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Sound Bites: UConn no longer requires COVID-19 vaccination

Despite global pledges on vaccine supply, only 7% of Africa's population is vaccinated.
Simon Maina
AFP via Getty Images
Nurse getting ready to administer a vaccine.

Good morning! UConn will no longer require students to receive the COVID-19 vaccine to attend the Storrs or regional campuses. This was announced during a UConn Board of Trustees meeting on Wednesday. 

UConn previously required all students to be COVID-19 vaccinated starting in 2021 during a surge of the pandemic to maintain the health and safety of the UConn community. The vaccine will be strongly recommended alongside preventing other diseases.

Here’s a bite-sized look at what else we are hearing: 

Greenport’s historic 1920 carousel will remain closed after discovering lead paint. The carousel in Mitchell Park has been the focus of a restoration projectorganized by local community members. Lead paint is toxic, and can cause reproductive issues, kidney damage, anemia and more if consumed. Greenport Mayor Kevin Stuessi said he hopes to have the carousel opened by Memorial Day once the paint is removed.

Bridgeport schools plan to increase the diversity in its administration — which consists of mostly white members. During a Board of Education Diversity Committee meeting Monday, a review showed that 57% of members are white, 30% are Black, and 11% are Hispanic or Latino. The board hopes to make the administration better represent the students, in which 87% are non-white.

Nassau County launched a new website to find more firefighters following a drop-off in recruitment. In the past decade, the total number of firefighters stationed in the county decreased by 40% — from close to 10,000 to around 6,000 members today. To help find more recruits, County Executive Bruce Blakeman announced that he will reduce the property tax relief wait period for firefighters from five years to two.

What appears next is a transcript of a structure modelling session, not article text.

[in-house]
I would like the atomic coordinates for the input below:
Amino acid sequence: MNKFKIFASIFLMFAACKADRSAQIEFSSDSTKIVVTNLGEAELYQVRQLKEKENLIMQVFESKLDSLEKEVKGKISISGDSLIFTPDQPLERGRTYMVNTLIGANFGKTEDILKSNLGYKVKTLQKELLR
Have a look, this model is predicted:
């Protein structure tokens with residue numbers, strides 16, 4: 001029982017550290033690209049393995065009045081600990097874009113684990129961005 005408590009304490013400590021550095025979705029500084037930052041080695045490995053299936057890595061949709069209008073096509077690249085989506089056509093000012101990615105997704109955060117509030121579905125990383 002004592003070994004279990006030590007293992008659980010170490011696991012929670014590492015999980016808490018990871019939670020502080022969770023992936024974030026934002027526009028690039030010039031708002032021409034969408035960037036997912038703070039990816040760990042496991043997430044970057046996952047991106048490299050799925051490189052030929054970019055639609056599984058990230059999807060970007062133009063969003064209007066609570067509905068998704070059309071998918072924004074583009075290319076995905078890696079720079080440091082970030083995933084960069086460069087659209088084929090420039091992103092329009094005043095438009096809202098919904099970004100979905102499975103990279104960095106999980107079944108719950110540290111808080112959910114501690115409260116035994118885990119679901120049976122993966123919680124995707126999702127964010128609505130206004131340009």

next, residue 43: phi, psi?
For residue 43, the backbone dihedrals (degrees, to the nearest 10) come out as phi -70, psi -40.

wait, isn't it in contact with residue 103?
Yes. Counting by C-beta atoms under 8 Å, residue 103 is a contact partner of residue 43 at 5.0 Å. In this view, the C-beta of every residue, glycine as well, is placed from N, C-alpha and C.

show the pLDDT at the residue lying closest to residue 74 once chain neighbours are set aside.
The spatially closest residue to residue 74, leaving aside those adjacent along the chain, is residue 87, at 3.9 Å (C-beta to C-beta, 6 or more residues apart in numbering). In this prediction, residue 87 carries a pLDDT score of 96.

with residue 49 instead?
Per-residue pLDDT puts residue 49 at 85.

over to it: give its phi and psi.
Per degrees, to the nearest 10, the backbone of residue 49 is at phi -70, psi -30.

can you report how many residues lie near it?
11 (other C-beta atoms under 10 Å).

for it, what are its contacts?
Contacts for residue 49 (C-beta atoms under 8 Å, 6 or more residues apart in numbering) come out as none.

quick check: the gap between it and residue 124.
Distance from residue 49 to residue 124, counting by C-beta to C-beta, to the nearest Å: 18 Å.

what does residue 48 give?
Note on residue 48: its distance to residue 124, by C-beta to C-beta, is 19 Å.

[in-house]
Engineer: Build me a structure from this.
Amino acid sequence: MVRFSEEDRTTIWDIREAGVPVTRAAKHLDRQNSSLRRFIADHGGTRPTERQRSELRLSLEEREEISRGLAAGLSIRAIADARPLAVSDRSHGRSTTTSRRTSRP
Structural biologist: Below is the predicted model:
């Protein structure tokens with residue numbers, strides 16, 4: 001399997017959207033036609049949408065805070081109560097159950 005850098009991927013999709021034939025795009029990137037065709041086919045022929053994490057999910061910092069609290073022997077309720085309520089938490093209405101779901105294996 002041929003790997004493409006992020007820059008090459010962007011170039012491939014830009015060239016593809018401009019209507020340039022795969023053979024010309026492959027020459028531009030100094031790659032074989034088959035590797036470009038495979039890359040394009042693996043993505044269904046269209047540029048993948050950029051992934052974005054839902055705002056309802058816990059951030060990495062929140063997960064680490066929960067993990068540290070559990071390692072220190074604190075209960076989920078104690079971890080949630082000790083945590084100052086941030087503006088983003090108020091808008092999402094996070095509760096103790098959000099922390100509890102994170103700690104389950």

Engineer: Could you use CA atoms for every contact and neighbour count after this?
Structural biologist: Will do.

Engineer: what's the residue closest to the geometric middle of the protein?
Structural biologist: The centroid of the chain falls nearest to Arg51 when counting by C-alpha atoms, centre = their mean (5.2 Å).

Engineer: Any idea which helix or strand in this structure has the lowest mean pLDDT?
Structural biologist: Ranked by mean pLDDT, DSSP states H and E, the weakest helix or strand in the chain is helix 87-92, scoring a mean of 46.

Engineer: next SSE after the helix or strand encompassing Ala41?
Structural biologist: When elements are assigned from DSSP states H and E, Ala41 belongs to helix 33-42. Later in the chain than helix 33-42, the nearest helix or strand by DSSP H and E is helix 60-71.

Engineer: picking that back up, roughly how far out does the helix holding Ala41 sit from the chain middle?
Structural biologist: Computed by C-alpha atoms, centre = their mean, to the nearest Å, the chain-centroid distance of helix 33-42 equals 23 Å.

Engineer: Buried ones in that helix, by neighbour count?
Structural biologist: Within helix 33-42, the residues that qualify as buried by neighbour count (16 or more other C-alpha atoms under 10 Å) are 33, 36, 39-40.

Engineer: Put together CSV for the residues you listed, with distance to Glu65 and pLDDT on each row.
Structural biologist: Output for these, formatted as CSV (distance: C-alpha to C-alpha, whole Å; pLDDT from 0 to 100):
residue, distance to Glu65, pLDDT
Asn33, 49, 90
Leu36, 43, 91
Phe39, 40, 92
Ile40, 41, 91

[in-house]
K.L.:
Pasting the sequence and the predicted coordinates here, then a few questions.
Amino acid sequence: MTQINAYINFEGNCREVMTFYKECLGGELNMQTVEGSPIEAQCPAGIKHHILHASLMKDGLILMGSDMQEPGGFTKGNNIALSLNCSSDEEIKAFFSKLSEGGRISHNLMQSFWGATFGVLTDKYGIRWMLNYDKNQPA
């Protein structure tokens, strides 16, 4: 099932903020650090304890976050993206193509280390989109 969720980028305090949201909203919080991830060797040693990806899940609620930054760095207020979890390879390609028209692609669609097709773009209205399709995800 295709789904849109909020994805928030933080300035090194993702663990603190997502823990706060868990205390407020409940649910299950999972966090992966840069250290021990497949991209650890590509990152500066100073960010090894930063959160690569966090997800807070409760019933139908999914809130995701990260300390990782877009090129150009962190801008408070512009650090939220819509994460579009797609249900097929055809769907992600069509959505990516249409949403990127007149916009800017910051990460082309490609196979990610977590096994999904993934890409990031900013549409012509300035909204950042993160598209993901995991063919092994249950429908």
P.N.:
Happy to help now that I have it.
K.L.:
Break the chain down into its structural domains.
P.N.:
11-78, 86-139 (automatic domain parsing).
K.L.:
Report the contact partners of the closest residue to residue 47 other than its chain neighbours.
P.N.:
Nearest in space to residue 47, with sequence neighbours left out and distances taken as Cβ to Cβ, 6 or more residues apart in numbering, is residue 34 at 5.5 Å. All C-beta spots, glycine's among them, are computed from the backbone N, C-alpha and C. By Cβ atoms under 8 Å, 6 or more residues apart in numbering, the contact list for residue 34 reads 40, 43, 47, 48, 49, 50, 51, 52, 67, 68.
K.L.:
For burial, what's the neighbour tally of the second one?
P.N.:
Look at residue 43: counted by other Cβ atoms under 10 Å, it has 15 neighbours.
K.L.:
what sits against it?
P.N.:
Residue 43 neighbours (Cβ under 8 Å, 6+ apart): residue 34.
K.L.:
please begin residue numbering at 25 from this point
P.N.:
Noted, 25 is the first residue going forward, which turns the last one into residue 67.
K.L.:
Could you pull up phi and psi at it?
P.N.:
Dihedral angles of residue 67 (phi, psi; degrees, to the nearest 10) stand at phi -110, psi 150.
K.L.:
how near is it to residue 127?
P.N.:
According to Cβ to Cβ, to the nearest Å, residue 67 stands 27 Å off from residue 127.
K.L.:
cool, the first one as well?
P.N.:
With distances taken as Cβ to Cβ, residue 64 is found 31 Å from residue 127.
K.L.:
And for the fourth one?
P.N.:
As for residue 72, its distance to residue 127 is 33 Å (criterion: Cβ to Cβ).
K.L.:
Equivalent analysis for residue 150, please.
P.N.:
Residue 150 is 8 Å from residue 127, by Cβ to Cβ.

Dr. Madeline Negrón will become New Haven Public Schools superintendent. She is the first Latino superintendent in the city’s history. Negrón won against two other finalists, those being Dr. Warren Morgan and Viviana Conner. Negrón previously served as Hartford Public Schools' acting deputy superintendent of academics and school leadership, and as New Haven Public Schools’ director of education.

Tweed New Haven Regional Airport is facing scrutiny from local residents after several flights were diverted from landing. Community members complained about the noisy planes, failure to be reimbursed after landing at different airports and poor communication between pilots, ground crew and customer service. Despite these complaints, Tweed plans to establish a new six-gate terminal on the East Haven side of the airport, according to Hearst Connecticut Media.

M&T Bank is doing well one year after purchasing Bridgeport-headquartered People’s United Bank, according to a first quarter report. The bank’s net interest income improved by 102%, and its first quarter income totaled $1.832 billion, a substantial increase compared to $907 million during the same period in 2022. M&T Bank acquired People’s United Bank in April 2022 for $8.3 billion, the largest purchase in M&T’s history.

Environmentalists are concerned that illegal dumping of tires in Connecticut may be toxic to fish, water and soil. A 2020 Pacific Northwest study found that 6PPD-Quinone, a tire-derived chemical, is the culprit for recurring high mortality rates for the endangered coho salmon. Connecticut generates over three million waste tires annually. Advocates are concerned that a similar event may occur on local fish and other wildlife populations.

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Eric Warner is a news fellow at WSHU.